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Pregnancy is incredible and your body goes through so many changes over those nine months. But the truth is, it can also be overwhelming and confusing to keep up with your baby's development and your growing bump!
In this comprehensive guide for first-time parents - or experienced parents looking to refresh their memory - we'll take you through the pregnancy trimesters week by week, and answer some of the most common questions that parents ask along the way.
A typical 40-week pregnancy is broken up into three trimesters. These three periods of time are essential for monitoring a baby's growth, tracking their parent's health, and preparing for birth.
You may also have heard of the 'fourth trimester'. Many people now use this terminology to describe the postpartum period - aka the three months following birth.
Each trimester lasts for 12 or 13 weeks, and this breaks down as follows:
You can work backward from your due date to calculate how many weeks pregnant you are. We have more information on our due date calculator page.
Here's a basic look at how the weeks, months, and trimesters of pregnancy are counted:
Now that you know how many trimesters there are, and how many weeks they last, let's go through some of the key development milestones and changes that happen over the course of a pregnancy.
Weeks one to 12 of pregnancy involve conception, implantation, and organ formation.
It's during this first trimester that an embryo develops into a foetus. You may experience symptoms like morning sickness, fatigue, breast tenderness, headaches, needing to urinate more, constipation, and mood swings. Remember to get plenty of rest and take things easy!
Sometimes known as the 'golden' trimester, it's now when many pregnant people experience relief from their early pregnancy symptoms and generally feel more energized. But as you move through the second trimester, you may experience new symptoms like leg cramps, heartburn, and backache as your body changes to accommodate your growing baby.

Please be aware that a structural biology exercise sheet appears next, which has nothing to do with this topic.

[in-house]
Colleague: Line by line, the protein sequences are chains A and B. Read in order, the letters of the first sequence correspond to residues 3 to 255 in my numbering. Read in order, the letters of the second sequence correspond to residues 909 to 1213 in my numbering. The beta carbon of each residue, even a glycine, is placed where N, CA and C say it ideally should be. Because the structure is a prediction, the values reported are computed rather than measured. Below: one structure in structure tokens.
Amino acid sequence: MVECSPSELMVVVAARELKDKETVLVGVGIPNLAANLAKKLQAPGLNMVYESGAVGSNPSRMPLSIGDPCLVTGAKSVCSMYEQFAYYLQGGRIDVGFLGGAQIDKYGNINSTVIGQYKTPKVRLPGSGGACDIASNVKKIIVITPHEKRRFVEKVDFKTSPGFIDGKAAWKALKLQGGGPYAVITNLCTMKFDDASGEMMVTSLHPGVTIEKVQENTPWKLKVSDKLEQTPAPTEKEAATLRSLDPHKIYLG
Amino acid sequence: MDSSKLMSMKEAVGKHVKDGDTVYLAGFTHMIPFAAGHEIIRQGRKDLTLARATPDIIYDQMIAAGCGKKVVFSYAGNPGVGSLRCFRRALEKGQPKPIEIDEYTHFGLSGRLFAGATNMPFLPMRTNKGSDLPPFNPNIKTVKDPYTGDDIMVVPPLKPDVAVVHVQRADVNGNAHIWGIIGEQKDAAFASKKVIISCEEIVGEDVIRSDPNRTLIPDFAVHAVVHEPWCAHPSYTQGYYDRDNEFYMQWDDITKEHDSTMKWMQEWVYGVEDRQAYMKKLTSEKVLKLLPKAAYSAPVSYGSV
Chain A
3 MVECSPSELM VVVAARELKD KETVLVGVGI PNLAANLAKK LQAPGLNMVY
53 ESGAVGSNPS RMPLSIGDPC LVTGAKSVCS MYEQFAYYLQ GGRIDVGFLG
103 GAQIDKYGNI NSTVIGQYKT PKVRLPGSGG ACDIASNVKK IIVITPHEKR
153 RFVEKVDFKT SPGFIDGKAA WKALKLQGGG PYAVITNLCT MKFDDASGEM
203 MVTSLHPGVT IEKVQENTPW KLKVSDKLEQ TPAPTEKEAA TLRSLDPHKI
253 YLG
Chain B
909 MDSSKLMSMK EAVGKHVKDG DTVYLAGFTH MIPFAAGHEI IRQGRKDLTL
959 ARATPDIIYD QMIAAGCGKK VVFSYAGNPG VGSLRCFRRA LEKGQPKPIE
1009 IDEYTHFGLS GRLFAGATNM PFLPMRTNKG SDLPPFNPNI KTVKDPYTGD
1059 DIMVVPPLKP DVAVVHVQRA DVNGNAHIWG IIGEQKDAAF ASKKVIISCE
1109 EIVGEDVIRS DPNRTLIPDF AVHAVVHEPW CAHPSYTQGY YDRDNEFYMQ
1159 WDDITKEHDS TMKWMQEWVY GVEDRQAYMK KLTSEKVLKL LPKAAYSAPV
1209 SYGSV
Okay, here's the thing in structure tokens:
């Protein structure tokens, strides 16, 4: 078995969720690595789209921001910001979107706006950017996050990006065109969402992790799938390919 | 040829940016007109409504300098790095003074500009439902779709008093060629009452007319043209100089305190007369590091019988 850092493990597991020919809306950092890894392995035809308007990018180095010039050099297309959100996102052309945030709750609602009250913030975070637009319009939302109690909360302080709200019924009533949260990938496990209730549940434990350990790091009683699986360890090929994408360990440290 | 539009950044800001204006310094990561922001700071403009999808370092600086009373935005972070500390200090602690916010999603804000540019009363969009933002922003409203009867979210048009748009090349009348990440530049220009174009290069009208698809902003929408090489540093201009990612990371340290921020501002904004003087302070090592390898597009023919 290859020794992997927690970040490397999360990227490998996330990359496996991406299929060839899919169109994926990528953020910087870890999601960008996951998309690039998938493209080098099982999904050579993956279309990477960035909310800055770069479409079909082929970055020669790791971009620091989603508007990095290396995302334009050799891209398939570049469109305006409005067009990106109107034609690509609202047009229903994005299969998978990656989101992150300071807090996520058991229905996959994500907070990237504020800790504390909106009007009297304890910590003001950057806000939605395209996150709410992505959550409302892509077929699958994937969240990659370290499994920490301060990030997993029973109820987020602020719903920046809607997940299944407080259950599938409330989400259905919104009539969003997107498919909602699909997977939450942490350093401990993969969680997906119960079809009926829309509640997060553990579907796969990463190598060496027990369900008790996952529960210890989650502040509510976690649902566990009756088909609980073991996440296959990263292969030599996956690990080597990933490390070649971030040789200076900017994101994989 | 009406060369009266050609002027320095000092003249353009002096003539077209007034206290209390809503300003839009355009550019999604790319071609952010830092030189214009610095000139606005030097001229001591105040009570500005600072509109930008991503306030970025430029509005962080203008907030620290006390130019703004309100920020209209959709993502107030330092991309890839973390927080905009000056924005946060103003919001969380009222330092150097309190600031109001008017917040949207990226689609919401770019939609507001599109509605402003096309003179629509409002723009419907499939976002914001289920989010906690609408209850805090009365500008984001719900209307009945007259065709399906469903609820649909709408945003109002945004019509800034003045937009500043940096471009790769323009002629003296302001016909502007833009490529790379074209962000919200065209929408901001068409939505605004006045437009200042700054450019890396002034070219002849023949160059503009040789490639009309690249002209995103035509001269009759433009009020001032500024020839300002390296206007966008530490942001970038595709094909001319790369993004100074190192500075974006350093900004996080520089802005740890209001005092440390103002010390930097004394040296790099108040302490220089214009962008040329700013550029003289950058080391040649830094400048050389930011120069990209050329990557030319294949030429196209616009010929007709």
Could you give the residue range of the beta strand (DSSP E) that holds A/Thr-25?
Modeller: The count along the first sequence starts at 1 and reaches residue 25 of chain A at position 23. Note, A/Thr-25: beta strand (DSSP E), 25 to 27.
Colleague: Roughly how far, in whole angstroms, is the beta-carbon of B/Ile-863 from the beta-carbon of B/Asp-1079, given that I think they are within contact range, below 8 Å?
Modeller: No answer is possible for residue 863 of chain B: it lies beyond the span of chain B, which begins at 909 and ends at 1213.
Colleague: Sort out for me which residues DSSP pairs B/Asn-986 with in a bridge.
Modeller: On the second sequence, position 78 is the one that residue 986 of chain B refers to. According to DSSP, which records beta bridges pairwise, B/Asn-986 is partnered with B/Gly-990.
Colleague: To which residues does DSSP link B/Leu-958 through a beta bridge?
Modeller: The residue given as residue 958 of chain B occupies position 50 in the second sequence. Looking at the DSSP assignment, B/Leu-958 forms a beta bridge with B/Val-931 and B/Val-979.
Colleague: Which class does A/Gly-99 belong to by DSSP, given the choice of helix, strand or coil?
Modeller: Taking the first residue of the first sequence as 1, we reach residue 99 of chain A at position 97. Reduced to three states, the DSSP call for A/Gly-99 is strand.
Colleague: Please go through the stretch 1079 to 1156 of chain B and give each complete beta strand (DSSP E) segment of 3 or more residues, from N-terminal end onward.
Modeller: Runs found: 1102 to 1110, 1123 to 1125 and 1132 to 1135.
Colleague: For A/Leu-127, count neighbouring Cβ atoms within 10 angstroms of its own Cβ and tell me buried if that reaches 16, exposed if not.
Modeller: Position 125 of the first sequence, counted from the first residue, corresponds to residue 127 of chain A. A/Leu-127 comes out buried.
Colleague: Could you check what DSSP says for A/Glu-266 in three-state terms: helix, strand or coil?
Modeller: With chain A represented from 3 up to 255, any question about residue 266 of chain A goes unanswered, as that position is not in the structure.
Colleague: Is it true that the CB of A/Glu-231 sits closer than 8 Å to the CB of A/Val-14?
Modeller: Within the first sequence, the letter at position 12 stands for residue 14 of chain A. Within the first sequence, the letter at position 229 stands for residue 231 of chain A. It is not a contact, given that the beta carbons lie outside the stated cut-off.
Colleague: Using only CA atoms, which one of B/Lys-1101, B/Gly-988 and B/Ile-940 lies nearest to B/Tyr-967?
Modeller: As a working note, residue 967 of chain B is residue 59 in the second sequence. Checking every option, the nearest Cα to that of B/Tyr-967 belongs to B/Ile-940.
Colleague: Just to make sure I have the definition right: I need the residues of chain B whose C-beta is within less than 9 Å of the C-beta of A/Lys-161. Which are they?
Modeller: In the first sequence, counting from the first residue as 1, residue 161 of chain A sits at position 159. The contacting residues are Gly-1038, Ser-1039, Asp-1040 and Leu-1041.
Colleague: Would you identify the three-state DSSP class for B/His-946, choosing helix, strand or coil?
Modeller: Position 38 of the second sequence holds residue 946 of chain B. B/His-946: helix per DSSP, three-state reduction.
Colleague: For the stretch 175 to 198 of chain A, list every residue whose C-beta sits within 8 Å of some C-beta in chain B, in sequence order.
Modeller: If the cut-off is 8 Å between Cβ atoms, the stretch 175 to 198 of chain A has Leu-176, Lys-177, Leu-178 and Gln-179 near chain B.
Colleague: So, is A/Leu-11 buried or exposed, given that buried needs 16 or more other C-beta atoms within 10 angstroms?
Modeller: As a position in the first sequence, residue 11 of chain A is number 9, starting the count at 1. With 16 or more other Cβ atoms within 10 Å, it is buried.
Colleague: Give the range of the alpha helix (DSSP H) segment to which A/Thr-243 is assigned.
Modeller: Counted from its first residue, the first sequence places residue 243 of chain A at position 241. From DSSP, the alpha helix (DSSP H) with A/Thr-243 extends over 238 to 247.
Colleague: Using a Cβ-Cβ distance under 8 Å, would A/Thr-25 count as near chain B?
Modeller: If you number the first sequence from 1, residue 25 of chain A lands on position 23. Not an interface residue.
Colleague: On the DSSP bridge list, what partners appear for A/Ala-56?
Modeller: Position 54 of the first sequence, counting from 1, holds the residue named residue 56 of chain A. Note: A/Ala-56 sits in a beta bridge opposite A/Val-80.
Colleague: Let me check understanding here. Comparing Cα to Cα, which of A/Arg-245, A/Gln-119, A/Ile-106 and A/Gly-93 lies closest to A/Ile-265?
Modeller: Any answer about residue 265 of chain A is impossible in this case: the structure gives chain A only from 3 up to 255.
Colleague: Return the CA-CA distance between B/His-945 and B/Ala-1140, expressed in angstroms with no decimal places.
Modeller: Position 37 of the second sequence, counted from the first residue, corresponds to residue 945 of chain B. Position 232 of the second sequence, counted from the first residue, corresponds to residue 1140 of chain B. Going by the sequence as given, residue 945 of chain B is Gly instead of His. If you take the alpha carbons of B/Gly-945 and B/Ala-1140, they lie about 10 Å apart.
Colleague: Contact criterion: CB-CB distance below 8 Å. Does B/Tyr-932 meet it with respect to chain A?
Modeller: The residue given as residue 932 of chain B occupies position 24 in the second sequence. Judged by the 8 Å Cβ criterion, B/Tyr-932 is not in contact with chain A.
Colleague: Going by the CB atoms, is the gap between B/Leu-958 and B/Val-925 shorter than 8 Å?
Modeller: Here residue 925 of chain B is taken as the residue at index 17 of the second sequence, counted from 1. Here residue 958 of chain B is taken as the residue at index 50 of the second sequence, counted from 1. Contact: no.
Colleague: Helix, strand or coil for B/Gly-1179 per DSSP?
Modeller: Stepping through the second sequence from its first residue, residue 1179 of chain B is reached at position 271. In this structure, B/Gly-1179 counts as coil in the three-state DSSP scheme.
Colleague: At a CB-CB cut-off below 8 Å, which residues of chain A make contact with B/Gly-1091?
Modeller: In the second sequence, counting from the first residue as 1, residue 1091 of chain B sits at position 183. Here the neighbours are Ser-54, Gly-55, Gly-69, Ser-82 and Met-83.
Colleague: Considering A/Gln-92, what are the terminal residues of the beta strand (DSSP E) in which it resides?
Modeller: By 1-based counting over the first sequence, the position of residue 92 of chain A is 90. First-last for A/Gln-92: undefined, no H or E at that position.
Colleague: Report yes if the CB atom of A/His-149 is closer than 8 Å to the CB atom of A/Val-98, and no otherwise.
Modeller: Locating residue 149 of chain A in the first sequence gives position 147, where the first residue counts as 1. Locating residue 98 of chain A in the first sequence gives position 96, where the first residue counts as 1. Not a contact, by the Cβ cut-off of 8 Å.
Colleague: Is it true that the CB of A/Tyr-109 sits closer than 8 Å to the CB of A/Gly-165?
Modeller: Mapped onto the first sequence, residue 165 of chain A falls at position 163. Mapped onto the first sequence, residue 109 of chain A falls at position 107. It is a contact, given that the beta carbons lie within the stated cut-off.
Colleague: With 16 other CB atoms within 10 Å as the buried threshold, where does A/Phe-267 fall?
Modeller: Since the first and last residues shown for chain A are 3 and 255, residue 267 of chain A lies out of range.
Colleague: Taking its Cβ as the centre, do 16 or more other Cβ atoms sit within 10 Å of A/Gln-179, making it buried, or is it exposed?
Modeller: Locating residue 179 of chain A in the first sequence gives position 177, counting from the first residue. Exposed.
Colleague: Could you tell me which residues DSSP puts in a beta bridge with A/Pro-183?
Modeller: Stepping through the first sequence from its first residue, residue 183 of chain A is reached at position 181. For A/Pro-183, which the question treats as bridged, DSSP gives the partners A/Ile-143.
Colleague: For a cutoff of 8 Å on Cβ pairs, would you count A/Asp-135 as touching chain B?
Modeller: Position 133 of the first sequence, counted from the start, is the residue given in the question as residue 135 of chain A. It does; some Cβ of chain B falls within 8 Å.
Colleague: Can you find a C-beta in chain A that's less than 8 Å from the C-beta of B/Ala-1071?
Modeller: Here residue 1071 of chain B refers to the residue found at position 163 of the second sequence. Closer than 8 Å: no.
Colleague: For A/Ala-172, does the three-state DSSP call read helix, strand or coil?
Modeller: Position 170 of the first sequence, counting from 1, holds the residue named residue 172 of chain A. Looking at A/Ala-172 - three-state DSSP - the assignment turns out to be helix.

Weeks 28 to 40 of pregnancy mark the final stretch in the run-up to birth.
During these weeks, your baby will continue to put on weight and start to look more and more like the little bundle you expect to see at birth. By 37 weeks (full-term), their lungs will be ready to take that first breath.
In the run up to birth, you might experience Braxton Hicks contractions, tightening or aches around your bump, and swelling in your ankles and feet. Time to put your feet up and take things easy when you can!
Babies are born relatively immature compared to other mammals and require continued care and support as they adjust to life outside the womb. The term 'fourth trimester' is sometimes used to describe the three months after a baby is born.
This transitional period comes with different challenges, including physical recovery from birth, hormonal changes, sleep deprivation, feeding difficulties, emotional adjustments, and the overall demands of caring for a newborn. New parents need to recognize that these challenges are normal and that it's ok to seek support if they're struggling.
Deciding when to tell your family, friends, and colleagues about your pregnancy can be challenging, and you're not alone. Many people wonder when the 'right' time is.
The truth is, there's no perfect time and it's a very personal choice, but many people choose to wait until the end of the first trimester (around 12 weeks into the pregnancy) before they share their news.
The first trimester is considered the most crucial period for a developing embryo/fetus and for prenatal care.
If you think you may be pregnant or have questions about early pregnancy, you should seek support from a healthcare professional for accurate information and appropriate care.
To determine your current trimester and approximate due date, you can count the number of weeks from your last period to the present date.
If you're unsure about your trimester or need an accurate assessment, it's best to consult with a healthcare provider. They can confirm your stage of pregnancy and provide you with the appropriate guidance and care.
First Trimester: What Happens?
We've written this guide to help you learn about the most common first-trimester symptoms. We'll also cover some top tips, and answer some of the most-asked questions that parents-to-be have...
Second Trimester: What Happens?
To help you understand what happens during the second trimester, let's run through how long it lasts, answer some frequently asked questions, and talk about the common second-trimester symptoms that people experience.